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One night my friend Chloe and I decided to make fresh pasta. The thing I love about Chloe is that she's willing to do these kind of things, and the thing I love about doing these kind of things (such as making pasta) is the experimental, mad science aspect of it -- there we were, with semolina flour and eggs, and somehow this was going to add up to something. It started with a pinch of salt, a splash of milk, and a whole lot of kneading, and before we knew it we had a ball of dry, leathery dough. We applied a rolling pin and did a bit of dough-stretching until we had sheets of fresh pasta, then we folded it and sliced it thin for fettuccine carbonara and also stuffed it with baked butternut squash for ravioli.
933-7100. Open every night from 5 to 11 p.m., till 12:30 a.m. on Friday and Saturday. Reservations accepted. Wheelchair accessible. Parking: difficult. Muni: 5, 31, 44. Noise level: moderate.
Tofu miso $4.95
Volcano salad $7.95
Soft-shell crab $6.95
Wasachi Roll $6.95
Sashimi combination $17.95
Nabeyaki udon $12.95
Cold sake $5
Then we said a prayer, cooked it all up, and sat down to dinner: Tough, seemingly glue-based ravioli; grainy fettuccine that looked like it was cut in the dark with a bread knife by a fingerless monkey, and sauce so thin even Scrooge would have objected. Of course, the beauty of science is that you get to keep trying, and so, a week later, I made another batch of carbonara, doubling the cream, the butter, and the egg, and using a higher-quality semolina (laced with pepper, for visual effect, and a teaspoon of olive oil, for texture) from Valencia Street's Lucca Delicatessen, where you can also buy the most succulent pancetta known to humankind. This time I pressed the knife through the pasta dough instead of slicing it, which helped. And while I imagine no dish could fail with that pancetta, when I tasted those springy, perfectly al dente noodles, dripping with cream and sweet pork savor, I took a step back, contemplated what I'd done, then realized: Holy shit, it worked!
Unfortunately, Chloe missed out on the pancettanara. But then, she did get to eat at Biiru Biru. Set on the corner of Balboa and Sixth Avenue, Biiru Biru is what you might call a sushi house that pushes the envelope, combining traditional nigiri, maki, and tempura with an almost cosmic brand of innovation that, when it hits, strikes clean and pure. The digs themselves are fairly modest -- a bright, storefront space wrought in crisp black and white tones, jazzed up with potted plants, a small lantern, and ruffled sheets of bronze. Meanwhile, an ever-present stream of house music announces that you will not be enjoying your grandmother's sushi, but rather the fusion-style creations of chef/proprietor Eddy Wong, a stylish fellow with a soul patch and shaved head who often mans the sushi bar himself.
The menu at Biiru Biru appears to be a single, humble sheet at first glance, but the type is small and the offerings are vast -- 13 small plates, 17 large plates, a half-dozen special maki, daily specials, nigiri, and your standard Cucumber, California, and Rainbow rolls. As Chloe and I soon learned, Mr. Wong is an unabashed worshipper in the temple of spiciness: We began with a small bowl of cabbage pickled in vinegar and hot peppers (free, and so good we requested a second portion), then felt the shimmer, Japanese style, with a wasabi-tako salad, one of the finest dishes I've had all year. Chewy, ocean-fresh bits of baby octopus mingled with diced cucumber and luminous, popcorn-crunchy tobiko, the whole bathed in a super-potent, creamy wasabi sauce that cleared the sinuses in one nibble. The volcano salad proved equally phantasmagoric: a pocket of raw tuna and avocado touched with chilies, topped with a raw quail egg, then set in a nest of super-thin, flash-fried rice noodles that crackled like a living creature right there at the table.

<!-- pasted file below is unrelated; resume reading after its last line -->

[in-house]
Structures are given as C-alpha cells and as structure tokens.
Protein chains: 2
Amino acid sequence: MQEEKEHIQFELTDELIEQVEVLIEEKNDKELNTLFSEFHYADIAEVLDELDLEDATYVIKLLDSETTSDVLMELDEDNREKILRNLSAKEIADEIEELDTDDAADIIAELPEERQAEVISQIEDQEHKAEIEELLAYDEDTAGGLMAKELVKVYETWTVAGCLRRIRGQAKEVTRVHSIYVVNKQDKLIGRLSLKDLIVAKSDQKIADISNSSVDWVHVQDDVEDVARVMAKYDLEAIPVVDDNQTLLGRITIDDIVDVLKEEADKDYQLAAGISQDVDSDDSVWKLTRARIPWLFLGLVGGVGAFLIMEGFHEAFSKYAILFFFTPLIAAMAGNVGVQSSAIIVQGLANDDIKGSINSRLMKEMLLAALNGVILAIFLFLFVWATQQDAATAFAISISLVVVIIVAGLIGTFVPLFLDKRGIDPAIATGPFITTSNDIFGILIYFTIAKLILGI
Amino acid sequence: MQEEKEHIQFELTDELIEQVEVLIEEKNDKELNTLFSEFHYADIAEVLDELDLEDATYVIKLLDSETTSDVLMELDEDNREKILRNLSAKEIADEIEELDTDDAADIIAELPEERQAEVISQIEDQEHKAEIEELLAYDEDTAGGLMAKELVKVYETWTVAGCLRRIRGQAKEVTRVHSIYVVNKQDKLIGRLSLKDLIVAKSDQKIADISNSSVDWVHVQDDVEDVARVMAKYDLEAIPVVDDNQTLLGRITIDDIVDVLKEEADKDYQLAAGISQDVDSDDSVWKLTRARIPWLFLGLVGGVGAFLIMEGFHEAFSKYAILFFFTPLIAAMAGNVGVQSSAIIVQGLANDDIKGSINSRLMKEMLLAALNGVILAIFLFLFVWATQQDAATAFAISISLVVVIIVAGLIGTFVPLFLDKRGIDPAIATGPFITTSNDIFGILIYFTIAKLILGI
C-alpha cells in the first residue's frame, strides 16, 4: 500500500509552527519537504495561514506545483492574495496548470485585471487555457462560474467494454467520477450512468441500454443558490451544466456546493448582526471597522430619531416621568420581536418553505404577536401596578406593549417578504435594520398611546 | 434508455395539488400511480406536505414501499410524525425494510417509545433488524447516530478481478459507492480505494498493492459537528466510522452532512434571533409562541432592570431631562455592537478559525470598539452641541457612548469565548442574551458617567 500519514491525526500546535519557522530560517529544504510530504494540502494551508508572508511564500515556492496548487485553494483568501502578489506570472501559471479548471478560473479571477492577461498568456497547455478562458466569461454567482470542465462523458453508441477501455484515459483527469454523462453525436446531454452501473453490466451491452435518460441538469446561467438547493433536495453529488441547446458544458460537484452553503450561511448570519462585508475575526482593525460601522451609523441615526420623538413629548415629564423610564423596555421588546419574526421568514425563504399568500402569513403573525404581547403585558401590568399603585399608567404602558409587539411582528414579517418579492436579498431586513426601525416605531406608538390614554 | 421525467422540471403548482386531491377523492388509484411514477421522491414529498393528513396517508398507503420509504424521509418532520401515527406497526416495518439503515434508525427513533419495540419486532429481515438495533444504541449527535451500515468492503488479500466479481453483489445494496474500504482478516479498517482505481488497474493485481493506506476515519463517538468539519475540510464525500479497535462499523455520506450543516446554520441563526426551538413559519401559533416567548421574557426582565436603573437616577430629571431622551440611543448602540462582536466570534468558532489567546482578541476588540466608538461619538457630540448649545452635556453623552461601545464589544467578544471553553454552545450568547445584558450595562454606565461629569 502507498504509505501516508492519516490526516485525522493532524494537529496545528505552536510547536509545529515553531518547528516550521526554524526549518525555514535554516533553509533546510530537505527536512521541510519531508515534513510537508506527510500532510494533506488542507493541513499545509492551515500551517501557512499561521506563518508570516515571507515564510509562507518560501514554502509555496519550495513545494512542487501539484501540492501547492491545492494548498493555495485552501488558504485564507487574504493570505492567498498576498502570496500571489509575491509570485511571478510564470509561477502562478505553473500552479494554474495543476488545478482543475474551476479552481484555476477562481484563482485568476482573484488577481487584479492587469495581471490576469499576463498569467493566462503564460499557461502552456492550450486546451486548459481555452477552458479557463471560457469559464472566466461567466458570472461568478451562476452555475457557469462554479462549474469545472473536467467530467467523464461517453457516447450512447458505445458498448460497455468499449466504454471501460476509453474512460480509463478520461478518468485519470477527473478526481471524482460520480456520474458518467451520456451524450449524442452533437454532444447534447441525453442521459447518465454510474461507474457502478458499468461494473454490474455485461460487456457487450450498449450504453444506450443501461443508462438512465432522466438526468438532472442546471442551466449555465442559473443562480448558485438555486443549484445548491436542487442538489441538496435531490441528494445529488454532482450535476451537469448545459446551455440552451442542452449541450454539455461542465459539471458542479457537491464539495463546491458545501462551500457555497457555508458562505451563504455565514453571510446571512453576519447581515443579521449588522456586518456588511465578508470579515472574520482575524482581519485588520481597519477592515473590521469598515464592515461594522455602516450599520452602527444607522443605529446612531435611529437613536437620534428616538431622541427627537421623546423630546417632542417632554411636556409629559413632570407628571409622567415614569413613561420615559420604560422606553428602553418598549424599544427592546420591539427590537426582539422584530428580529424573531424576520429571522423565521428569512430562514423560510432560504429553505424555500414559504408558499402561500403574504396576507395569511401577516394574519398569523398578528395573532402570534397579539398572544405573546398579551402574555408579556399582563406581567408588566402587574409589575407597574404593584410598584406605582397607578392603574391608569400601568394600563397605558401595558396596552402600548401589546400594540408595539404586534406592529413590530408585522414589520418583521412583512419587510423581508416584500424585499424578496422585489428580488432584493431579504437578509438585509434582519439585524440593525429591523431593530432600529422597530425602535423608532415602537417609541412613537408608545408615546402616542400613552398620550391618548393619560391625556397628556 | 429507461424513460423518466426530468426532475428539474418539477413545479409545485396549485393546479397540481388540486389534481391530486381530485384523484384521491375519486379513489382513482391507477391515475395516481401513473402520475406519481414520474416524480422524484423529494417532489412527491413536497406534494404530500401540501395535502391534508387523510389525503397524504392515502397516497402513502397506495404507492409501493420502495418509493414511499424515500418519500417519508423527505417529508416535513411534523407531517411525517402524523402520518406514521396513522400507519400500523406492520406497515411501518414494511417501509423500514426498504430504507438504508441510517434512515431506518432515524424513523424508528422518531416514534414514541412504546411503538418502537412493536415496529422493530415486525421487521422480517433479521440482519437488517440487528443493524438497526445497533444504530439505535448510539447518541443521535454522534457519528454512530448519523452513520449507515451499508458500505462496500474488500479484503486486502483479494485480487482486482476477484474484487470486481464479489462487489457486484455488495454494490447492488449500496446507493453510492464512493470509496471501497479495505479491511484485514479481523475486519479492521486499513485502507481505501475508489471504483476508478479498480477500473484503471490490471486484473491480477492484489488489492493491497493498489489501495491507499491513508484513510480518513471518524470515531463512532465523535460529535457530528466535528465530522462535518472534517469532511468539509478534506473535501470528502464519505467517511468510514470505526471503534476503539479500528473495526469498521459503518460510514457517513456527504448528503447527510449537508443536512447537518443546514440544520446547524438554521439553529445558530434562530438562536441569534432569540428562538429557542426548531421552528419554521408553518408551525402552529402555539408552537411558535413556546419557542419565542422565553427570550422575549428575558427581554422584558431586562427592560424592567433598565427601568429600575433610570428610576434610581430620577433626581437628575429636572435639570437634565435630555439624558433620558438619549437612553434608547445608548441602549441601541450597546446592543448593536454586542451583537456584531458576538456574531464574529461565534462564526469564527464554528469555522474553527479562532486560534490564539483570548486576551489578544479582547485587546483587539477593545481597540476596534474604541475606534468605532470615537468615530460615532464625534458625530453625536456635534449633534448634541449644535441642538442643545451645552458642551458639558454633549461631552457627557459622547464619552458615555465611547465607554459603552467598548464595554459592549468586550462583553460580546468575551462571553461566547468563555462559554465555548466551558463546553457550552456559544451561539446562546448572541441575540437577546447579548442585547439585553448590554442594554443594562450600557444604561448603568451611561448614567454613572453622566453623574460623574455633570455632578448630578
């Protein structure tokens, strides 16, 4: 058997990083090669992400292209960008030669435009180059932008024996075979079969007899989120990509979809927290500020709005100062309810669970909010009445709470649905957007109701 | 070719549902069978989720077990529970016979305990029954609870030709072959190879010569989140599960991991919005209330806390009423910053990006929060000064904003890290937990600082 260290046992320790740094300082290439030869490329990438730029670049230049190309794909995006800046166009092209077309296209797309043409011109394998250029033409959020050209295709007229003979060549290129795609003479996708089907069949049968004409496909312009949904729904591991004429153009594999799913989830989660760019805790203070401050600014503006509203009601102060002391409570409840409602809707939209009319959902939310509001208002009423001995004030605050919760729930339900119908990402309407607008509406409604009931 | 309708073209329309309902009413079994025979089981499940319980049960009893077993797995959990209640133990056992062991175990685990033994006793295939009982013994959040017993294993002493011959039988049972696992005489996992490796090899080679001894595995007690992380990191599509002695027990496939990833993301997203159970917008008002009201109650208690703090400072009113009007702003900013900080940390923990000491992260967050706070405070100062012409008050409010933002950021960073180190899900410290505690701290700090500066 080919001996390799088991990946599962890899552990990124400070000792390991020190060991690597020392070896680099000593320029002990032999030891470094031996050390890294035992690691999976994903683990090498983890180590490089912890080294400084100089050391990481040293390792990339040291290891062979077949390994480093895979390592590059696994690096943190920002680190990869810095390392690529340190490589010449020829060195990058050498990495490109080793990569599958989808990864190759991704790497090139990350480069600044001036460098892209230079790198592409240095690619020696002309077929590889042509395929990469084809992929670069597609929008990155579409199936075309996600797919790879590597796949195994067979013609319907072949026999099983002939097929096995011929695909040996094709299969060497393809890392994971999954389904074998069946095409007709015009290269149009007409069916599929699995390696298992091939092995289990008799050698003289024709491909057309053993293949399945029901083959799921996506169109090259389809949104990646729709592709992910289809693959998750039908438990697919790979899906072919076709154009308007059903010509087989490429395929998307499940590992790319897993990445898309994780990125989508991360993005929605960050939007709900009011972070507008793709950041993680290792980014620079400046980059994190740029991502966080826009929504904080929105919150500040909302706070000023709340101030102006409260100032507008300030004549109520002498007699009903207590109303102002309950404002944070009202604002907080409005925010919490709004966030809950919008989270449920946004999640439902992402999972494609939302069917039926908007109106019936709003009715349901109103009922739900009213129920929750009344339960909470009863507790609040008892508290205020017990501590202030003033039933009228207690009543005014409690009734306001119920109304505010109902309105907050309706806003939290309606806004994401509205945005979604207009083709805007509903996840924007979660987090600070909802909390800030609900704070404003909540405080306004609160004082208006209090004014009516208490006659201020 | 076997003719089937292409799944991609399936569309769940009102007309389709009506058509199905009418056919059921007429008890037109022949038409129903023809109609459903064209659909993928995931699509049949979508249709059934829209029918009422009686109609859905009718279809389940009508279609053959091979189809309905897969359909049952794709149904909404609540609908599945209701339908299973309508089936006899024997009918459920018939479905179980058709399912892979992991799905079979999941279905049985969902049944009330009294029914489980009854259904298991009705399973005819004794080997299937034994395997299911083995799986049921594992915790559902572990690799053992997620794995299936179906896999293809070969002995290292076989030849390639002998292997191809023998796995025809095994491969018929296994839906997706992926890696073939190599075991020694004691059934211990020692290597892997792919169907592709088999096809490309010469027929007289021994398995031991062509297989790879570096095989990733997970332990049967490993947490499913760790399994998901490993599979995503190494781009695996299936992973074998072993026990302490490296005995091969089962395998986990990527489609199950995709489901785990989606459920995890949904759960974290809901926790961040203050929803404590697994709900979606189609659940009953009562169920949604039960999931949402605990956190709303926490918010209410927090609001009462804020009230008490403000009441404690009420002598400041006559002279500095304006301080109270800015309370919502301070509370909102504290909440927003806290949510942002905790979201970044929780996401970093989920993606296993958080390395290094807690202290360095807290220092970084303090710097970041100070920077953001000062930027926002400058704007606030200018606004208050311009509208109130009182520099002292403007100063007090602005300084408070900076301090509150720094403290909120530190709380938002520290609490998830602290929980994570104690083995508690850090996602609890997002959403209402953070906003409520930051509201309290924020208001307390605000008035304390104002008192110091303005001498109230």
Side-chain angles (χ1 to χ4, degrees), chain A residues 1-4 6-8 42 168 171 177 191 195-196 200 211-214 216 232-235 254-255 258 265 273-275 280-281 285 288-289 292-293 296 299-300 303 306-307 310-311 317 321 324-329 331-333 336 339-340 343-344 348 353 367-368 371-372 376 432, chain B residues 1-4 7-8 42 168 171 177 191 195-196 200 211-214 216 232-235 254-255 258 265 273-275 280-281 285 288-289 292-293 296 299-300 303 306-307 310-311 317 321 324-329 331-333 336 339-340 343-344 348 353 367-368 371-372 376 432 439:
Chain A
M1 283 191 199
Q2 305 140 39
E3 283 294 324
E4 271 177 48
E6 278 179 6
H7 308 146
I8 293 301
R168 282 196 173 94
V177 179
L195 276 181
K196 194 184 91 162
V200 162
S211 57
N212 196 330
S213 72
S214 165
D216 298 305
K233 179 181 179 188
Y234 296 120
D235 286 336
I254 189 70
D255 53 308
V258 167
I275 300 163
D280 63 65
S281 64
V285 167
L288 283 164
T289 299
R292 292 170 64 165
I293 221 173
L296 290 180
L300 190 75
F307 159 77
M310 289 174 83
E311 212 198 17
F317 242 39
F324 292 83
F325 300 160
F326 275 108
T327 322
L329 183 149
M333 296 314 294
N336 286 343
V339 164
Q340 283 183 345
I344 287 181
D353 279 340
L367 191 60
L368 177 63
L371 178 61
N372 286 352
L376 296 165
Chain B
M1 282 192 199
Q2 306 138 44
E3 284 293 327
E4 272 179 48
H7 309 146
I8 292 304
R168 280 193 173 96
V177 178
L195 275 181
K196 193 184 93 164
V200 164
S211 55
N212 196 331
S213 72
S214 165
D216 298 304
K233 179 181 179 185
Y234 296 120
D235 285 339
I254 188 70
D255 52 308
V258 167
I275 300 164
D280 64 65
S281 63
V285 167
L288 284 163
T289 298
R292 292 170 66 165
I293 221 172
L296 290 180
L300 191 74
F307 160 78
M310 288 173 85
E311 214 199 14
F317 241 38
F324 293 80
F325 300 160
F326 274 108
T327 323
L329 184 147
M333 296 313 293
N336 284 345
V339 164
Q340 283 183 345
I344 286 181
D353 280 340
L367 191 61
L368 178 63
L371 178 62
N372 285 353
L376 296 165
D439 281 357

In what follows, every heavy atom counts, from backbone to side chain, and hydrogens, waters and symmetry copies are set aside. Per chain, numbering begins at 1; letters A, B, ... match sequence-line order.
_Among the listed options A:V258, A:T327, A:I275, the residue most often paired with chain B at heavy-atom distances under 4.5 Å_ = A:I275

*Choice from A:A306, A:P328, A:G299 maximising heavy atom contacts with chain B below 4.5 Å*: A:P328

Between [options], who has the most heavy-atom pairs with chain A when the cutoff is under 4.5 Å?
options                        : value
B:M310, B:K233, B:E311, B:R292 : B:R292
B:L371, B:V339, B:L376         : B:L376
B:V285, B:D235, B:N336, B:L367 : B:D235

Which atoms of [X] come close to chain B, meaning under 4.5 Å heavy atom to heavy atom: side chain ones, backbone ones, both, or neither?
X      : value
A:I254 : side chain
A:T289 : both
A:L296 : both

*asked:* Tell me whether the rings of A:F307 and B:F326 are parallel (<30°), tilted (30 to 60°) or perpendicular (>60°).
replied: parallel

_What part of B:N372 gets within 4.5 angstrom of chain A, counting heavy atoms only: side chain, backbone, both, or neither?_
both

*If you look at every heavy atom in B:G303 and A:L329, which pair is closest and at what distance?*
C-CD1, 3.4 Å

The bacon salmon -- skewered chunks of fish wrapped with rich, maple-syrupy, cured pig flesh -- drew this comment from Chloe: "People will like you if you serve this at your party." Indeed. But then, they may start making all sorts of crazy promises if you serve soft-shell crab à la Wong -- deep-fried crustacean halves with a delicate, tangy ponzu sauce, served with a very appropriate slice of lemon, the unusually thick, crisp batter giving way to rich, tender flesh.
Of course, sushi wouldn't be sushi without sake. Biiru has hot sake, small bottles of cold, lightly floral Ozeki dry sake, glasses of sweet Tamon sake laced with gold flakes, and milky, unfiltered sake from Berkeley's own Takara. Sushi also wouldn't be sushi without miso soup, such as the tofu miso at Biiru -- a cavernous bowl of mild broth and salty bean paste centered by four precisely cut cubes of tofu, then topped with julienned bamboo shoots, green onions, and a shiitake mushroom. For Chloe, sushi wouldn't be sushi without an unagi nigiri, bathed, in this case, with an excellent homemade unagi sauce. For me, new-school San Francisco sushi wouldn't be sushi without some funky maki.
Biiru offers six funky maki, and, as with other dishes, the presentation is gorgeous: Each roll comes neatly arranged on its own plate, graced with a fresh chrysanthemum. Since Chloe is a bit more of a sushi purist than I, she refuses to eat cream cheese maki. Me, I'll eat anything provided it's good, and the CC Maki (tough, deep-fried tuna with cream cheese, dried bonito flakes, green onions, and hot pepper) didn't qualify. The Wasachi Roll treated us better, offering a nice interplay of hamachi and fresh greens laced with tobiko and spicy wasabi sauce, while our Rock the Roll -- unagi wrapped around an avocado-tobiko maki -- suffered a bit under a chilled, overthickened unagi sauce.
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